Was Jesus Concerned about Being Politically Correct?

by Roger Campbell

By most modern calculations, Jesus was born in B.C. 5 or 4. In terms of eras, He was born B.C., died A.D., and lived His whole life B.P.C. What is “B.P.C.,” you ask? It could be “Before Personal Computers,” but for our purposes we are employing it to stand for “Before Political Correctness.”

The political correctness mentality has swept modern-day America. According to such a mindset, while one may disagree with others, even strongly disagree, even strongly disagree because the other is blatantly wrong, the politically correct thing to do is not to make a big deal out of it and be careful with the language you employ lest you offend anyone. If one is in violation of some moral or biblical standard, then the politically correct thing to do is just let it slide without labeling it as “sin.” Because, after all, calling things “evil” or “sinful” is divisive, or so we are told. Or, if a person of a particular religion or cultural background violates some code of conduct, then the politically correct thing to do would be not to identify the specific religion or background of the violator, because the very mention of such would be proof of prejudice, hostility, or lack of human decency. So goes the reasoning (?) of many today.

What about our Lord? When you study the first four books of the New Testament, do you come to the conclusion that the Christ was concerned about being politically correct? Surely not. Before proving the proposition that the Master was not an advocate of being politically correct, let me hasten to remind you that His approach was flawless. He never sinned – not once (1 Peter 2:21-23). He always spoke the truth (John 18:37). In doing so, His attitude was always right. He loved all people. He showed genuine kindness and compassion. His speech was pure, and His conduct was in complete harmony with the will of the Father (John 6:38). I say all of that in order to emphasize that it is possible not to be an advocate of political correctness, but at the same time speak the truth and be a caring, helpful person.

So, what is there in the Bible record that convinces us that Jesus was not one that put any stock in being politically correct? For one thing, He spoke about “evil.” The Christ said that “evil things come from within, and defile the man” (Mark 7:23).

Coupled with His message about people doing evil, He also preached about the need for sinners to repent, saying, “Repent: for the kingdom of heaven is at hand” (Matthew 4:17), and, “I tell you, Nay: but, except ye repent, ye shall all likewise perish” (Luke 13:5). A message of repentance does not sit well with the Washington, D.C. crowd or those that write the scripts for CNN, does it?

Jesus preached about people going to hell (Mark 9:43,45). He labeled it as a place of  “everlasting punishment” (Matthew 25:46) and said that only “few” will avoid going there (Matthew 7:13,14).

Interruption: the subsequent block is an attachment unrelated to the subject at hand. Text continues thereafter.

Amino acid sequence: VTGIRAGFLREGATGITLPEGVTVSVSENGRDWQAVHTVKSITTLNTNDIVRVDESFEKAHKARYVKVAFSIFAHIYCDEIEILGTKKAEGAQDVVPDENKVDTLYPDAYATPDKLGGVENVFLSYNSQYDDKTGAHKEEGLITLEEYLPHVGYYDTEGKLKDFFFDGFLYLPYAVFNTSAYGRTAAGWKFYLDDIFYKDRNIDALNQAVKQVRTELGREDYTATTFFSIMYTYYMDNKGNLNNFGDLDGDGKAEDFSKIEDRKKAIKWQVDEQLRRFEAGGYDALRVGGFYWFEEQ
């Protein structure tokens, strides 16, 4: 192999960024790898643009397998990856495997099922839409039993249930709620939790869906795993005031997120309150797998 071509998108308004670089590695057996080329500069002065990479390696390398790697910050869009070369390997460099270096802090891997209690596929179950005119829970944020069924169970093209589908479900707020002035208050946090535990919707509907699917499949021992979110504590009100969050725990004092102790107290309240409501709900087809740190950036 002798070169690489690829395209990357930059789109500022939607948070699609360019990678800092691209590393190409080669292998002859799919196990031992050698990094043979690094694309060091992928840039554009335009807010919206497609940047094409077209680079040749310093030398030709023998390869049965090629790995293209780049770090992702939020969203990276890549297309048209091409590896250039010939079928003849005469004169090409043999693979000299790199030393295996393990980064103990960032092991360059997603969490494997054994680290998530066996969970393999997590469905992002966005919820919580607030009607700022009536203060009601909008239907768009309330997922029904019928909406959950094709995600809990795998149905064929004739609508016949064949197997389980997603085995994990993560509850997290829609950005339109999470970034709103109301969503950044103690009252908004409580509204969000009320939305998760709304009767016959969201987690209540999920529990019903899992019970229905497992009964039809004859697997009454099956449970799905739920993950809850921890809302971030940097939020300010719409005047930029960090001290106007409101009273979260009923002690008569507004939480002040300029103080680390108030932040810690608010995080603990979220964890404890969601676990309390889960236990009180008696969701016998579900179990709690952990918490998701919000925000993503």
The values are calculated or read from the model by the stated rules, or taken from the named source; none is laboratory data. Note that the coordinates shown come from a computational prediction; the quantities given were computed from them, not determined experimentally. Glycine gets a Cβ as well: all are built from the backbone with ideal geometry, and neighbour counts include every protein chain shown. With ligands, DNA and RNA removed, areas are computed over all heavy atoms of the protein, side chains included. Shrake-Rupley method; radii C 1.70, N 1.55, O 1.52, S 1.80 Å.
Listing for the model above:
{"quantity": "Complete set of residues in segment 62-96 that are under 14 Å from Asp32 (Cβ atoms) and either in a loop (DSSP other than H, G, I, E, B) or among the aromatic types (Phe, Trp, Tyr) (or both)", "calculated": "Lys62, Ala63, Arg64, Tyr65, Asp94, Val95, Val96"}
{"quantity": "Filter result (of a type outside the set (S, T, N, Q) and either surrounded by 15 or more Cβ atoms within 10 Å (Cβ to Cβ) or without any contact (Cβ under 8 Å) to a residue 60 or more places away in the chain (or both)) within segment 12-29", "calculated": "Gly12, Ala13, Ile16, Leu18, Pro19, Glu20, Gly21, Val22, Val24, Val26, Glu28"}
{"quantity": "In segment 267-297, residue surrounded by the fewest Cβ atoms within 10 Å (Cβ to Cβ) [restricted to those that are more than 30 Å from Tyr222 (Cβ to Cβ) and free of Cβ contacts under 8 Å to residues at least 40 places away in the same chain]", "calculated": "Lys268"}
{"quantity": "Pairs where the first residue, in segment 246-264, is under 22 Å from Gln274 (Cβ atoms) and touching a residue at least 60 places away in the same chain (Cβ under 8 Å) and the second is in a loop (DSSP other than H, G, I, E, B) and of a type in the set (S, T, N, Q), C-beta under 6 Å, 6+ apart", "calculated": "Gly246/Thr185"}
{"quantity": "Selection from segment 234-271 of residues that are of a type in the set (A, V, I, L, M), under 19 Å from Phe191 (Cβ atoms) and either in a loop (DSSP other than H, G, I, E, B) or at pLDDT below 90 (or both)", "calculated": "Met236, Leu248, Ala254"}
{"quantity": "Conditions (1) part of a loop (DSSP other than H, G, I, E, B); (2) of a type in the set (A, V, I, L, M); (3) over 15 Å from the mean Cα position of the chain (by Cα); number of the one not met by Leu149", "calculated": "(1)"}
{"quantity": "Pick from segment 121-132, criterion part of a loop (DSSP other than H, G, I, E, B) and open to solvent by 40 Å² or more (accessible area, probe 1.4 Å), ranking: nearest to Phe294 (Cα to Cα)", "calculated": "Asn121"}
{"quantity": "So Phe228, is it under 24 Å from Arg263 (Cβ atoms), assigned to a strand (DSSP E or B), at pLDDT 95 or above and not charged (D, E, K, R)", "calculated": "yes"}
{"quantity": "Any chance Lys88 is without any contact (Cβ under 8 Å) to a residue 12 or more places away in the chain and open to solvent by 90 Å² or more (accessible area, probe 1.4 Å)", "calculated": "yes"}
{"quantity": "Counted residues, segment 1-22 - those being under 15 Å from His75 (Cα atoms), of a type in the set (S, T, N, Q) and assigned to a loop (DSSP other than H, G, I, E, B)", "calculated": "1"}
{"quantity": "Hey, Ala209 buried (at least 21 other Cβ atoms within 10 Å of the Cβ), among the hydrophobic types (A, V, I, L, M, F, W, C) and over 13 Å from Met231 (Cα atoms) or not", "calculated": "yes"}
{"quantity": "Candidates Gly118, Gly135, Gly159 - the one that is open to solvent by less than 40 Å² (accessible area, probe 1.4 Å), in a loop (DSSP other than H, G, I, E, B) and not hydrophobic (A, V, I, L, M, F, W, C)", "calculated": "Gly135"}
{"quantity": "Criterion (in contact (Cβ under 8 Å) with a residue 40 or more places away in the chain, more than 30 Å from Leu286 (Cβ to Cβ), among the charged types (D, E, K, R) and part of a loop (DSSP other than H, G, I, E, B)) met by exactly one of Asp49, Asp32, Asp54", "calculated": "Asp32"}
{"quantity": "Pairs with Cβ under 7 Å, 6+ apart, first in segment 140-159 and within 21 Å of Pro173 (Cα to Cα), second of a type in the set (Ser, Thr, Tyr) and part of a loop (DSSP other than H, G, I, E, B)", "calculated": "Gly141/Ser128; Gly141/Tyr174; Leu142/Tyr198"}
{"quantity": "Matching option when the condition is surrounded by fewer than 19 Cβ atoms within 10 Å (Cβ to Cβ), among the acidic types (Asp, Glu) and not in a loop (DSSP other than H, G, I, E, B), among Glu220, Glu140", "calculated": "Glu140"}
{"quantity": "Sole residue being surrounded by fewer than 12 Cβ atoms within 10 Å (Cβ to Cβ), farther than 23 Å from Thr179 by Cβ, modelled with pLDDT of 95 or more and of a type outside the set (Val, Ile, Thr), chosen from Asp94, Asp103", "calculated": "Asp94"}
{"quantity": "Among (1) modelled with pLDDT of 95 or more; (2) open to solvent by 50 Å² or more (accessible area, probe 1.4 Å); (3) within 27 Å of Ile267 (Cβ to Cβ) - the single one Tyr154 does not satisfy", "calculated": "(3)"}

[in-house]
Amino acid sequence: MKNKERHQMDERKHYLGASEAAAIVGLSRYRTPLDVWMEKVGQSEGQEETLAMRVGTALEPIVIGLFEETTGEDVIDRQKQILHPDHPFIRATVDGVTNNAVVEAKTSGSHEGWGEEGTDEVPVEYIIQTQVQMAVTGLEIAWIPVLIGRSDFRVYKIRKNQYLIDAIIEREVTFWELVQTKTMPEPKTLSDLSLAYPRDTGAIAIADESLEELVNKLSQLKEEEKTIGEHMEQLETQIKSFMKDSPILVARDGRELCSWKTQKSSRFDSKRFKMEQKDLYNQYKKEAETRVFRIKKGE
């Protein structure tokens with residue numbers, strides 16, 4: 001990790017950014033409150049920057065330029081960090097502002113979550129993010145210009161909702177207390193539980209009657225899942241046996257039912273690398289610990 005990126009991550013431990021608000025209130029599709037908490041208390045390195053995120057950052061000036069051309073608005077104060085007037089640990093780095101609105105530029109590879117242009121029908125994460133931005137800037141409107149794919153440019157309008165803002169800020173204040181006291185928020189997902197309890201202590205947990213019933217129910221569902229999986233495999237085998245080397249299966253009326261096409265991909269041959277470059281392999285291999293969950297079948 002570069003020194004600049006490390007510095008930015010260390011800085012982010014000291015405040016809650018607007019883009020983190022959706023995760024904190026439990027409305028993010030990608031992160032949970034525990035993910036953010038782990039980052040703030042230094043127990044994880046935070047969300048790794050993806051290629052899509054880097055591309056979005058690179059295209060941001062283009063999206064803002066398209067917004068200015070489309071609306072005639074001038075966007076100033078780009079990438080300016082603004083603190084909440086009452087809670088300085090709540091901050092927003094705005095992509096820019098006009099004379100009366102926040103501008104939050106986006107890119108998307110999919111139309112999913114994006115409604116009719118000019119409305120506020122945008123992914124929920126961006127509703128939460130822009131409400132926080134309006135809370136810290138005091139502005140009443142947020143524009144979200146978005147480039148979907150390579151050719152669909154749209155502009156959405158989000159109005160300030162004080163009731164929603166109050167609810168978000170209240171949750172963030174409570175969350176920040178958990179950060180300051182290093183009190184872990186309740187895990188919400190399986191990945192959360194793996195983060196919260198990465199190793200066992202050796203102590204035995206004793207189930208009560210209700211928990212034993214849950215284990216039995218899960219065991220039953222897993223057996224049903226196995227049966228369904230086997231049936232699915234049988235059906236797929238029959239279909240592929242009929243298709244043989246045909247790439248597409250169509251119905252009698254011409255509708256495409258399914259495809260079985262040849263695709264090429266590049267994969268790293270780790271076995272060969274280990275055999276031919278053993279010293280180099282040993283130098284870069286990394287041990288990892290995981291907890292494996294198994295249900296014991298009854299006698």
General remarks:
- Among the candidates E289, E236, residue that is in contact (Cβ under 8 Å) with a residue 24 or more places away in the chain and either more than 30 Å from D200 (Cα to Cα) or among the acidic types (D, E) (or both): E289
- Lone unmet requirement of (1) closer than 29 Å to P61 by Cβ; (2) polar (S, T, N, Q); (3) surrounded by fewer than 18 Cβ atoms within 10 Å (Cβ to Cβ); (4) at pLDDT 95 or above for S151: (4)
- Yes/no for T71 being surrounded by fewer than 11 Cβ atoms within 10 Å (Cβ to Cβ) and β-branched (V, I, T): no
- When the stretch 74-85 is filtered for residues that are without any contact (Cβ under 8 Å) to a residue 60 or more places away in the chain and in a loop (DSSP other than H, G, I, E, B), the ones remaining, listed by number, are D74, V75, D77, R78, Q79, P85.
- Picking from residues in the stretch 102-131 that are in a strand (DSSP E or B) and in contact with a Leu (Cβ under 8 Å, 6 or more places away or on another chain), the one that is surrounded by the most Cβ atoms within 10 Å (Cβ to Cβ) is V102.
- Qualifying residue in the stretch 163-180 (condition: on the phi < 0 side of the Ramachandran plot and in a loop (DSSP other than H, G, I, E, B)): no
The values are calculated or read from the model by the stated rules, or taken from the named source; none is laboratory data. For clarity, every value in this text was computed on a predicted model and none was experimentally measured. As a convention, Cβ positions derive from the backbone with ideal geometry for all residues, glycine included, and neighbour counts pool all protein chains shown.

Our Lord warned folks about the religious leaders of His day, saying, “The scribes and the Pharisees sit in Moses’ seat: All therefore whatsoever they bid you observe, that observe and do; but do not ye after their works: for they say, and do not” (Matthew 23:2,3). Jesus referred to such religious hypocrites as “hypocrites,” if you can imagine! (Matthew 23:13,27,28).

Jesus went against the accepted teachings of His day. Many Jews had come to accept the notion that it is okay to hate your enemies. Jesus said to love enemies, pray for them, and do good to them (Matthew 5:43,44). Instead of upholding the man-made doctrines that some were binding about washing hands and utensils before a meal, Jesus said that teaching for doctrines the commandments of men makes worship vain (Mark 7:7).

When Jesus spoke about the sensitive topic of marriage and divorce, He spoke in terms that were clear. What He had to say was true, and whether others liked or received His message had nothing to do with it. He taught, “What therefore God hath joined together, let not man put asunder . . . Whosoever shall put away his wife, and except it be for fornication, and shall marry another, committeth adultery: and whoso marrieth her which is put away doth commit adultery” (Matthew 19:6,9).

Jesus taught what people needed to hear. That, of course, did not make Him the most popular preacher of all time, but it is obvious that being popular was not one of His goals! God wants us to have the mind or heart of His Son (Philippians 2:5). He was humble as He approached lost people, and we must be as well. He was also courageous, and God has not given us the spirit of fear (2 Timothy 1:7).

Brothers and sisters, we must zealously and urgently proclaim the glad tidings of salvation through the Way, the Truth, and the Life (John 14:6). The world still needs to hear that there is one body, one Spirit, one hope, one Lord, one faith, one baptism, and one God (Ephesians 4:4-6). Let us never be ashamed of our Lord and His gospel. Yes, as we deal with others, even with the God-bashers, morally corrupt, and religious crackpots, we must be courteous (1 Peter 3:8). And, yes, we must be tenderhearted as we live our lives and converse with and about others (Ephesians 4:32). But, we must not allow ourselves to get sucked into the political correctness mentality. Jesus was not concerned about being politically correct, and neither should we be.

Roger D. Campbell